View Full Version : Griffey column

05-16-2006, 08:03 AM
This appears in the Rochester paper this morning.


Griffey's numbers look to be natural

Reds' star apparently did it the right way

Scott Pitoniak
Staff writer

(May 16, 2006) COOPERSTOWN Sadly, nothing is certain anymore in this era of chemically enhanced ballplayers. It's increasingly difficult to discern what's real and what's fake, who's doing it with a Louisville Slugger and who's doing it with a syringe.

That said, I'm inclined to believe that Ken Griffey Jr. has achieved what he has on the ball diamond through God-given ability and a lot of hard work.

I think that because:

# No one has accused him of being a user.

# His torso and biceps haven't bulked up grotesquely in a short time like the torsos and biceps of certain sluggers.

# His numbers haven't gone bonkers at an age when even the greatest athletes of all time begin a natural decline.

Oh, and one other thing: His head appears to be the same size it was when he burst onto the big-league scene 17 years ago as a can't-miss 19-year-old.

Griffey seems to have done it the old-fashioned way and the right way: He's earned it.

As a result, he has become more appreciated by baseball fans, reporters and historians at a time when the reputations of Barry Bonds, Mark McGwire, Sammy Sosa and Rafael Palmiero have plummeted faster than a lead ball from the upper deck into a trash can.

Junior was a natural when he began, and he appears to be a natural all these years later. Albeit, a different kind of natural that is, a non-juicer.

Despite some enormous seasons 56 homers in both 1997 and '98 Griffey got lost for a while in the Incredible Hulk shadows of Bonds, McGwire and Sosa. People forget that Junior edged Barry for player-of-the-decade honors during the 1990s and earned a spot on the All-Century Team a roster that didn't include the surly San Francisco slugger.

Though Bonds and other drug-enhanced sluggers have gained a big career statistical advantage over Griffey, the Cincinnati Reds centerfielder didn't appear concerned about his place in baseball history while fielding questions before Monday's rain-shortened Baseball Hall of Fame game against the Pittsburgh Pirates at Doubleday Field.

"I don't worry about what other people do," said Griffey, who ranks 12th on the all-time home run list with 539 and has won 10 Gold Gloves for his defensive excellence. "That's what they want to do. When I'm 70 and my kids have kids, I'll be able (to run around with them). That's the important thing. They'll know that their grandfather and their dad didn't hurt the game any way."

Griffey has always played hard. In fact, there have been several occasions when he may have played too hard. His all-out style has resulted in a series of debilitating injuries through the years. Without the broken wrists, torn hamstrings and knee and ankle surgeries, his career numbers would have been astronomical.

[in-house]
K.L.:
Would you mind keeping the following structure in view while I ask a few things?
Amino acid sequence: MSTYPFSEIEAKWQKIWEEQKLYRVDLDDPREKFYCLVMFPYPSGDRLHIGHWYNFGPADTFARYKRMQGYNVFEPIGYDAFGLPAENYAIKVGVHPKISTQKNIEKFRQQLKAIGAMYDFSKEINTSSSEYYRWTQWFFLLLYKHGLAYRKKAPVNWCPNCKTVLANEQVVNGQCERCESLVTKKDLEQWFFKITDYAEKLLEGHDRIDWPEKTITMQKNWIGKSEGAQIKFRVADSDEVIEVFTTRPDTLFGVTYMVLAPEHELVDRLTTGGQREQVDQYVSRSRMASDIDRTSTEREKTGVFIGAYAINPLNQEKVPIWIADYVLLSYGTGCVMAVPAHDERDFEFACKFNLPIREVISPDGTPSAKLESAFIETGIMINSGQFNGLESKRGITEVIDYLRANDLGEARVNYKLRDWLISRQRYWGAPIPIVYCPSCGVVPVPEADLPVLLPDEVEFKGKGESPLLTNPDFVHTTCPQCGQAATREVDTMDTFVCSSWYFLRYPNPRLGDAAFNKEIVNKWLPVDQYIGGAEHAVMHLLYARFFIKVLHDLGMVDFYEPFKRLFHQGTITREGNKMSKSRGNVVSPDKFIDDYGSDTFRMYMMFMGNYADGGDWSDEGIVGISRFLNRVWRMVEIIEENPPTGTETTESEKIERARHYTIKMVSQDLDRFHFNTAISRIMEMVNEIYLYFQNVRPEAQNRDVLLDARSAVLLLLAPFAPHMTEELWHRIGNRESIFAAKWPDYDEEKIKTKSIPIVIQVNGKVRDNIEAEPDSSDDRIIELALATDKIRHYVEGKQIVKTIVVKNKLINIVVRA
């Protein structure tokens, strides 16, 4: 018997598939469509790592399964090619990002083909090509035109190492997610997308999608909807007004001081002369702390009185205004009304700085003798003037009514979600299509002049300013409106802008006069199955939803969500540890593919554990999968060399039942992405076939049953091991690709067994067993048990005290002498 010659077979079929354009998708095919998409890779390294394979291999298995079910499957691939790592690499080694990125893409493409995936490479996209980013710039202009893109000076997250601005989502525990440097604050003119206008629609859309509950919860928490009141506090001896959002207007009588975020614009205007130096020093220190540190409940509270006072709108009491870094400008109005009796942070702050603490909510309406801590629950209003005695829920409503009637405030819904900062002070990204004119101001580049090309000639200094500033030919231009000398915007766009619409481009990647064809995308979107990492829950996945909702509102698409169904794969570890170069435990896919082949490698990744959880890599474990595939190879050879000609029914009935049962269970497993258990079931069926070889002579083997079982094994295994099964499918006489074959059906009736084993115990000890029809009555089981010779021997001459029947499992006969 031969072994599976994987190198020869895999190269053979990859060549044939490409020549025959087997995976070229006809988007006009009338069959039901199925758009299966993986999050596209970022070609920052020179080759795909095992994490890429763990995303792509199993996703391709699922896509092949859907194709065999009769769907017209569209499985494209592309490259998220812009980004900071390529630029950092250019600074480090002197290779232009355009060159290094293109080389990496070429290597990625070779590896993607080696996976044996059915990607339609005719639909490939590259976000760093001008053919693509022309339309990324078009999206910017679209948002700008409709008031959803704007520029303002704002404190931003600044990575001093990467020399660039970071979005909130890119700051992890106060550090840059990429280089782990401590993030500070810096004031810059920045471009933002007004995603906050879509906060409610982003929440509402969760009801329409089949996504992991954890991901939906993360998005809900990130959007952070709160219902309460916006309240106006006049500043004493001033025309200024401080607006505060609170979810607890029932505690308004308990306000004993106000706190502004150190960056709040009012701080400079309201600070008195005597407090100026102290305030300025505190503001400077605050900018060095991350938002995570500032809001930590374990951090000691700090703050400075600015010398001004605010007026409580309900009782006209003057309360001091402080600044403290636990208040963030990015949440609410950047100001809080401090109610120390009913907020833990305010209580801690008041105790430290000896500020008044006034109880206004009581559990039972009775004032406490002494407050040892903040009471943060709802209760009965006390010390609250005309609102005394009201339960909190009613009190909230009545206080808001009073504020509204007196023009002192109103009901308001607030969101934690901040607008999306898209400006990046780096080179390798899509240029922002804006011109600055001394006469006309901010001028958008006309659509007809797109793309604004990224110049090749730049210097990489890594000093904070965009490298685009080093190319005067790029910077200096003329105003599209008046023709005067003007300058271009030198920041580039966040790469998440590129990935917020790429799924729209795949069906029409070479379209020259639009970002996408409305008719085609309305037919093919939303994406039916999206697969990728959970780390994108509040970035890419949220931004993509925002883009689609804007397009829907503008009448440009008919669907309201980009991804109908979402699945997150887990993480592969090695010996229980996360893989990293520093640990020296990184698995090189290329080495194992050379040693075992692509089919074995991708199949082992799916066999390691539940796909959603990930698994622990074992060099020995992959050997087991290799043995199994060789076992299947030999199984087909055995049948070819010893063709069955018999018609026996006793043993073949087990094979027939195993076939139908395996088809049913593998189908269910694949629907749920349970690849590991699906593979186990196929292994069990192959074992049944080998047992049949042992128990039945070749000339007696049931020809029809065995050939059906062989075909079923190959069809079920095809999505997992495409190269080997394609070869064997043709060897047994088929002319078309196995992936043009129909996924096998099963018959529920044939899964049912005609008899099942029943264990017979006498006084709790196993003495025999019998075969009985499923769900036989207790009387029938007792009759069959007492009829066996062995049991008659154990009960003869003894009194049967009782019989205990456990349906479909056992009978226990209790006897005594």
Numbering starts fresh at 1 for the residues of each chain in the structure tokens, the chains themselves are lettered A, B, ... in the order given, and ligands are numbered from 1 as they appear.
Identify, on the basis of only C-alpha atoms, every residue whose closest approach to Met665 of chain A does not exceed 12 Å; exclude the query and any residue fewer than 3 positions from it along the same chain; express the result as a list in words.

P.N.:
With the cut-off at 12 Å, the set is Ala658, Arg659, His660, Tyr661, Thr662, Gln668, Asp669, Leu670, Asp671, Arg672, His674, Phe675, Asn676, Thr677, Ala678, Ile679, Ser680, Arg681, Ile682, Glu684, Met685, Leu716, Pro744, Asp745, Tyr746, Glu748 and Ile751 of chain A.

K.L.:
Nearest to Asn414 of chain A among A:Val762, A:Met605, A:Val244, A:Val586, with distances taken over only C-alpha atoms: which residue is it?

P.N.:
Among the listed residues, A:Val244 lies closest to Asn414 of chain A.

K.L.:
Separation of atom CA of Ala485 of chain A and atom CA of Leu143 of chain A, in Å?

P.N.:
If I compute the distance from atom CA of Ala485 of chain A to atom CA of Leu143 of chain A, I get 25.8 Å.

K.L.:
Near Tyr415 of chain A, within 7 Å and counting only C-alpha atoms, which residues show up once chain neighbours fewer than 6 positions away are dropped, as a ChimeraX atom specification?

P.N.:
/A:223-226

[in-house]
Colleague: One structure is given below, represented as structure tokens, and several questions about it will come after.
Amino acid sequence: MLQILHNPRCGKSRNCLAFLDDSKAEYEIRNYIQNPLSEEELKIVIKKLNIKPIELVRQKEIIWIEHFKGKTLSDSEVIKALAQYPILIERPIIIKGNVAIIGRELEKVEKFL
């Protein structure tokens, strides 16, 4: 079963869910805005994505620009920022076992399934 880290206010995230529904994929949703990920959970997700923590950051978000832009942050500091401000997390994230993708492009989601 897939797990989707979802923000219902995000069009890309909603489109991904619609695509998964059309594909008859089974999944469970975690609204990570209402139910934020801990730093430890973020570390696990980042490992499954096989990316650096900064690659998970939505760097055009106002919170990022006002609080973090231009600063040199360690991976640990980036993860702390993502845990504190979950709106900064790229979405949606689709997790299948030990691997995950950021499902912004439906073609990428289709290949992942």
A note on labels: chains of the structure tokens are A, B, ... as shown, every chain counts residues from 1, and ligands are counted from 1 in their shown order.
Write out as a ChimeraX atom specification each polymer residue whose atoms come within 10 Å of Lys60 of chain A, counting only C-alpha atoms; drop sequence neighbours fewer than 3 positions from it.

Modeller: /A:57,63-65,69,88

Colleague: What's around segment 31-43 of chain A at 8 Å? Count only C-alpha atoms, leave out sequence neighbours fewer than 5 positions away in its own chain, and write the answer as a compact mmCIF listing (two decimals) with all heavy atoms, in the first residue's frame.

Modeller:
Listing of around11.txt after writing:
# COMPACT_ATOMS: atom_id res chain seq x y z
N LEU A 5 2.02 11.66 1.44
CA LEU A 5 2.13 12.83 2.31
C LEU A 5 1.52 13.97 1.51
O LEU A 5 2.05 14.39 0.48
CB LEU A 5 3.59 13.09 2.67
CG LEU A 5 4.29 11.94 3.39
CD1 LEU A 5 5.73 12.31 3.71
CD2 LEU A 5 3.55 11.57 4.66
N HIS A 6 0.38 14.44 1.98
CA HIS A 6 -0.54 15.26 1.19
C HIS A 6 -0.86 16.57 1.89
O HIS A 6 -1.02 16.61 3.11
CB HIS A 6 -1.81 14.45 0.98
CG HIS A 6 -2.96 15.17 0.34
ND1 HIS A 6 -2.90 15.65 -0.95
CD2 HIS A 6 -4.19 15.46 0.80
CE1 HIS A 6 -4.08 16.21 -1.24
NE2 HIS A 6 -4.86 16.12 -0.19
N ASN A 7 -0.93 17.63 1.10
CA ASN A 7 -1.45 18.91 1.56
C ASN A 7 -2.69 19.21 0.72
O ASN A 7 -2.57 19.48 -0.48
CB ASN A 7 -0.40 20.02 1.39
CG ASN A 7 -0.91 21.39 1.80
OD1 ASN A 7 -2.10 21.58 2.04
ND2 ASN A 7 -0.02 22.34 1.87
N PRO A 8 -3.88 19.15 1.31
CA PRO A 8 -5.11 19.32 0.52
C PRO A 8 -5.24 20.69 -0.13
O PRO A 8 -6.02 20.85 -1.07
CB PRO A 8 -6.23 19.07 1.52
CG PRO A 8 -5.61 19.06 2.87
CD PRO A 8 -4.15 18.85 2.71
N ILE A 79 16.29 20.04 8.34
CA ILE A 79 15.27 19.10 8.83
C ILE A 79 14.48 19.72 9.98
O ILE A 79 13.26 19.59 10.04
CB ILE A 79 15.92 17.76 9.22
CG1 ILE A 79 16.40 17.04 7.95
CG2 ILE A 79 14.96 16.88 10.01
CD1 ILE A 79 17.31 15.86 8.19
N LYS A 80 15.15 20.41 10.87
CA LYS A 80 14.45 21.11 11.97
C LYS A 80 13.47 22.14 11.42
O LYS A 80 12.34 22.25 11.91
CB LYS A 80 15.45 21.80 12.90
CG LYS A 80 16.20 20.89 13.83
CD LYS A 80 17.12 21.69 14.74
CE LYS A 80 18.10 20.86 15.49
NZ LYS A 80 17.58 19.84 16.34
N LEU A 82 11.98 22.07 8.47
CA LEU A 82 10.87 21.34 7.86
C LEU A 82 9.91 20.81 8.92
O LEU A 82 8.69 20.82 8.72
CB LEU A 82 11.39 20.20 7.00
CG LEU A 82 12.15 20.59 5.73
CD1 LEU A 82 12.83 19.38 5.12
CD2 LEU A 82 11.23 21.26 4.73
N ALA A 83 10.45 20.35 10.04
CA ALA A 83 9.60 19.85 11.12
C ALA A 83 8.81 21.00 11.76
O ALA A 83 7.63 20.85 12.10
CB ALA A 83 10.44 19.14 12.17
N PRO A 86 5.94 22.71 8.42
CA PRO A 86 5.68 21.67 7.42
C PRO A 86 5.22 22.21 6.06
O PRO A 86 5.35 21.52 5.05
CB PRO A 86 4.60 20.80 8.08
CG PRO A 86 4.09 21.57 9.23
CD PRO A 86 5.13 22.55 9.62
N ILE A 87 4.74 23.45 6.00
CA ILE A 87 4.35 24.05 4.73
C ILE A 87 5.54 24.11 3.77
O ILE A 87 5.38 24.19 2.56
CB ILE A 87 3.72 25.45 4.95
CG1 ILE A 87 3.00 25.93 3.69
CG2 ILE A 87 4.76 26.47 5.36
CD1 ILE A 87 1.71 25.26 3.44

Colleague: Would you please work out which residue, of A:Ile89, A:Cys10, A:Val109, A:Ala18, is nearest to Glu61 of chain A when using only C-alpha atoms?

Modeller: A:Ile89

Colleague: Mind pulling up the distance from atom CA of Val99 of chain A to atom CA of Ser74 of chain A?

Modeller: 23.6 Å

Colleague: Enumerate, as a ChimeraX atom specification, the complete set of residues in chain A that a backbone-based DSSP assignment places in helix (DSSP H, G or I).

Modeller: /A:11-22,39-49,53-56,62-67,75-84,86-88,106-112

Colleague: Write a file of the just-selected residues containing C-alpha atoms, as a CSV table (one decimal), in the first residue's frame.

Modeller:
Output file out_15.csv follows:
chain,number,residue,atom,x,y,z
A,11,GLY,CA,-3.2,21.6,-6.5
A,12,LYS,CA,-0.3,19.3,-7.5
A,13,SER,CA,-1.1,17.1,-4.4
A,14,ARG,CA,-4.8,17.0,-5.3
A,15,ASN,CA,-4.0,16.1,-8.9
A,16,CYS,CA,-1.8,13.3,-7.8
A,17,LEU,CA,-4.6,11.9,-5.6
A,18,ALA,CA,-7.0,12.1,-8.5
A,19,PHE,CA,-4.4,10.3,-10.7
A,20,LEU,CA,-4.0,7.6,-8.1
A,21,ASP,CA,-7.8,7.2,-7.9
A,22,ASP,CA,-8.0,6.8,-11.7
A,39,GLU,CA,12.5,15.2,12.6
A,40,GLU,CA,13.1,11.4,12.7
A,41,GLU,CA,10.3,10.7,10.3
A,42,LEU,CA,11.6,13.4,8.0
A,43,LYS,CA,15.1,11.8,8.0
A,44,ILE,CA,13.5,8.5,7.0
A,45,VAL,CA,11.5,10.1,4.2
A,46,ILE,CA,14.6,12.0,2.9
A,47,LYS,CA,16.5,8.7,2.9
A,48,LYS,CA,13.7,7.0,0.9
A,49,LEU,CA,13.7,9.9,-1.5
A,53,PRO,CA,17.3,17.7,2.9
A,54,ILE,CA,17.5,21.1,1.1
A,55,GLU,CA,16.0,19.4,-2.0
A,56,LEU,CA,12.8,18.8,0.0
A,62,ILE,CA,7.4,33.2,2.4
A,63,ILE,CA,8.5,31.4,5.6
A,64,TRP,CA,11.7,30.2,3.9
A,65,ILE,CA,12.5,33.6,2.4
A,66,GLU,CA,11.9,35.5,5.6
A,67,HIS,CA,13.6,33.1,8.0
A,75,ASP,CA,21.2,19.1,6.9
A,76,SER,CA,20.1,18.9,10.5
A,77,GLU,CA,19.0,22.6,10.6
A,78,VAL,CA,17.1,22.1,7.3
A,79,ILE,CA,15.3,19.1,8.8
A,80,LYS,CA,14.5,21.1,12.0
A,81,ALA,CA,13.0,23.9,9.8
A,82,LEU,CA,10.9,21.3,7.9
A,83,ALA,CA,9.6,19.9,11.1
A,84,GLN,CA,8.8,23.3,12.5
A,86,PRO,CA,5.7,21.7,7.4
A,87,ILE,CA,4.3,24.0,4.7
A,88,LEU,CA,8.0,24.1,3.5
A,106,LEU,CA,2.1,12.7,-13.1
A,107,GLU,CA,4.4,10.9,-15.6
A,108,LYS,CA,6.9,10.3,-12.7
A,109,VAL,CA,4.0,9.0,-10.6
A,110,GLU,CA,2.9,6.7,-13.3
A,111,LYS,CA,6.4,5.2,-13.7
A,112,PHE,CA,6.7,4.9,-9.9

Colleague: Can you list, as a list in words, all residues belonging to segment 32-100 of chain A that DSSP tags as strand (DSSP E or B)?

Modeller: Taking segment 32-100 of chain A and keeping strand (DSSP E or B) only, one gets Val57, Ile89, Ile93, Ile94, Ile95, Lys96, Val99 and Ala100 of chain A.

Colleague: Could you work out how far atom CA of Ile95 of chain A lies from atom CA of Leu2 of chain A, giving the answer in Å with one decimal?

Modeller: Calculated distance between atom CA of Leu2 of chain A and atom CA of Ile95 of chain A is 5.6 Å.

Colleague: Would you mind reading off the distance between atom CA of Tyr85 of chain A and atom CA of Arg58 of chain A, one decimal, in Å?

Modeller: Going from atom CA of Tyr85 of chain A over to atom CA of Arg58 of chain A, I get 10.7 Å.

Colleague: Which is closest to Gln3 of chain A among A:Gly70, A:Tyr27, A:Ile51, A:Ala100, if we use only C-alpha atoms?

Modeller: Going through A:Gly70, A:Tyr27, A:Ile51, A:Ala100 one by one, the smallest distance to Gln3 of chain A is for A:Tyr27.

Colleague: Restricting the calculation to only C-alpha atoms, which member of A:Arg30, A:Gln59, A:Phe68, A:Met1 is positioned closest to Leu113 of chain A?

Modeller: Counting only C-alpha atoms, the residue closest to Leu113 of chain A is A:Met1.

But playing with reckless abandonment is the only way he understands. The hustling style was ingrained in him by his father, Ken Griffey Sr., who was an accomplished big-leaguer, too, although never a superstar like his son.

"Nothing substitutes for hard work," said Junior, who has nine titanium screws in his ankle and wrist. "When I play, I play 100 percent. When I have to rehab, I rehab 100 percent."

Junior said he has never been tempted to try steroids. He said one of the main reasons he has avoided them is that he didn't want to disappoint his dad or his three young children.

"My dad didn't drink," he said. "It was just never in our family to do certain things. He always talked about playing hard and playing right from Day One."

Junior has followed his dad's advice. He said he doesn't think about being enshrined in the Baseball Hall of Fame nor does he worry about his legacy.

"People are going to believe what they want to believe and say what they want to say," he said. "I know I have to look at myself every day in the mirror and ask myself: 'Did I give 100 percent?' And that's all that counts."

Unfortunately, many of his contemporaries looked for a way to give more than 100 percent. They looked for a chemical, unnatural advantage. They cheated.

Perhaps, they'll be able to look in the mirror and not see a phony peering back at them. But history will view them harshly. And it will make what Griffey achieved all the more meaningful, all the more real.

05-16-2006, 08:20 AM
Honestly, I wish they would keep whining about Barry breaking the record.

And not to get all George Grandish, and kiss the toad or anything, but Pujols is having a monster season.

There is also this other guy in NY named Rodriguez that has 438 HR's and he won't turn 31 until the end of July. Granted he would have to keep up his 44 HR a year average for the next 7 years to pass Hank Aaron, but it's possible.

It is a shame with all the injuries, because I think the whole story would be different right now had Griff stayed healthy.

05-16-2006, 04:12 PM
Good article, thanks for posting it :)

05-16-2006, 04:42 PM
I'm not stat savy, but is there anyone that could post a "projected" number of home runs that Junior would have been at now had he stayed healthy?

Cant Touch This
05-16-2006, 04:55 PM
I'm not stat savy, but is there anyone that could post a "projected" number of home runs that Junior would have been at now had he stayed healthy?

Through the year 2000, Jr. hit an average of 36.5 HRs per season. If he continued that pace through 2005, he would have ended last season with 620. Staying at that pace of 36.5, he would have 8 or 9 homers this year so far, putting him at a total of about 629.

Projecting that ahead, he would reach 755 sometime around the 113th game of the 2009 season. (his 21st season. FYI, this is Bonds' 21st season.)

All of this, of course, assuming he hit 36.5 HRs each season.